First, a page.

Learning about leadership

I feel overwhelmingly honoured to have attended the Parliament of World’s Religions last month.

The event felt like it was consuming my life for a few months before as preparations came underway, to travel to Salt Lake City and assist with the Sikh delegation at the event. I got to reflect on so many things that are crucial to the development of an individual.

On a basic level I was given responsibilities beyond what I was used to. The learning curve of leadership is immense. The ability to leave my comfort zone and delegate was a new experience. It was a privilege to work with so many people that were just as passionate about the end results and who knew how to jump in at a moments notice. It made the whole experience more enjoyable.

I call it leadership and not management. Perhaps I should learn more about the second… However ‘leadership’ rings truer to me. I learnt it wasn’t about giving orders, telling people what to do or micro managing their time – not to say that those things don’t have their time and place. In this environment it was about creating a vision for output, setting goals and disseminating that information in a way that allowed everyone in the team to take ownership of the end products and feel pride when things worked.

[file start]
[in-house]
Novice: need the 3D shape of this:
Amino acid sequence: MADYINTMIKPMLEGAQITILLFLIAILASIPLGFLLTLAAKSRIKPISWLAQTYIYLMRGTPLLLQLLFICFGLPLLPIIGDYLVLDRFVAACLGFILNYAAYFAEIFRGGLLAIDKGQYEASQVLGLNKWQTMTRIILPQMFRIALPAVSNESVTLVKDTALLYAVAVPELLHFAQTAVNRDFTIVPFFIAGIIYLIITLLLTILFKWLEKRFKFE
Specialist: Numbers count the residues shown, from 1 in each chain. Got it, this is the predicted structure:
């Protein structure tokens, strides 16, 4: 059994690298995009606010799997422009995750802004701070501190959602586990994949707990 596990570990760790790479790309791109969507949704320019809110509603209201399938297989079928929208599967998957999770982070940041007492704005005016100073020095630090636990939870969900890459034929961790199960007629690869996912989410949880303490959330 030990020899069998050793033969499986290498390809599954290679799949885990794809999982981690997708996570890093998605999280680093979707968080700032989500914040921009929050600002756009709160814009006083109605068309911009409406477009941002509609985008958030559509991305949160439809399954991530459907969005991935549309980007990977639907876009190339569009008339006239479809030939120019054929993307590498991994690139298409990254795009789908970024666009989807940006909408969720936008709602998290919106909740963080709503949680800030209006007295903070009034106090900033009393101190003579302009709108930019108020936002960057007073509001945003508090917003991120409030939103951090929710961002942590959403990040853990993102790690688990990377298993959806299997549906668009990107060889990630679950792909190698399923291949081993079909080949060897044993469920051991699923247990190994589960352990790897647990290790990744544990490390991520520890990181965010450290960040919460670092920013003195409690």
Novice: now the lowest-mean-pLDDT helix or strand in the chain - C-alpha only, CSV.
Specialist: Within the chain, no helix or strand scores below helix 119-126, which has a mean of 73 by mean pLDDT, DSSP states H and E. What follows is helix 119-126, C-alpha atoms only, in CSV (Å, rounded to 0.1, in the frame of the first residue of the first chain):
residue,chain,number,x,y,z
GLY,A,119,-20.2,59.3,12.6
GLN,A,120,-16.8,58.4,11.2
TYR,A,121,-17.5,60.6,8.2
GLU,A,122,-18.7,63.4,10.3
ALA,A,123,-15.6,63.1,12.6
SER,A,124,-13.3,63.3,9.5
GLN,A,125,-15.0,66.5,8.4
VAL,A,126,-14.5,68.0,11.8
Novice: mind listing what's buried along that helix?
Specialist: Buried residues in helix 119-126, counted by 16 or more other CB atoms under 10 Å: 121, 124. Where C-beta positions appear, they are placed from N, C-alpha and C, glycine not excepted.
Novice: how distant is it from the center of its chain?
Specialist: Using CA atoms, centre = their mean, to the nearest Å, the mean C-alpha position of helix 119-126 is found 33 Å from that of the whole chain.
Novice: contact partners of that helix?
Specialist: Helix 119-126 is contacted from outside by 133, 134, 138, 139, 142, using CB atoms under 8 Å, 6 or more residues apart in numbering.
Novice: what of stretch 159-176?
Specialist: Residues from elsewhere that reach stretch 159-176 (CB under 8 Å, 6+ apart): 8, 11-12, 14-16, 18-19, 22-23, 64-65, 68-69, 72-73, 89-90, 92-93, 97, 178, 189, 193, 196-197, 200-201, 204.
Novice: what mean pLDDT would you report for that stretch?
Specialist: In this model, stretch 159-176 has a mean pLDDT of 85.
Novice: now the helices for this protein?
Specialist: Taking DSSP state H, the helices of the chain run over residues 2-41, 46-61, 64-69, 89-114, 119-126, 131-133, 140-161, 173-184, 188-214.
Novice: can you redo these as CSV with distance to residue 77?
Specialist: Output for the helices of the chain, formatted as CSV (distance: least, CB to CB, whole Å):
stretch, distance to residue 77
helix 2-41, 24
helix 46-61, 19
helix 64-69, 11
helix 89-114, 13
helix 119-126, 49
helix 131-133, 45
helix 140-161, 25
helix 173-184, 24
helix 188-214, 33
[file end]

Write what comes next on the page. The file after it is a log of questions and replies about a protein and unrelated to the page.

It left room for innovative ideas and a lot of autonomy… maybe too much in some cases – after all, communicating over technology abroad can sometimes be difficult – even more so when everyone is sleep deprived, jet lagged and putting in everything they’ve got.

I would in no way describe myself as a ‘leader’. The vision I took was not mine to begin with. Yet, having to take the reigns and turn it into a reality taught me a lot about what leadership consists of, and my personal strengths and weaknesses in relation to this.

When I realise that we are all responsible for taking the vision that was born during the Parliament and making it a reality in our various communities, I understand that these skills need to be developed further. Every delegate from the Parliament needs to become a leader of sorts, so that together we can impact the world and make a change.

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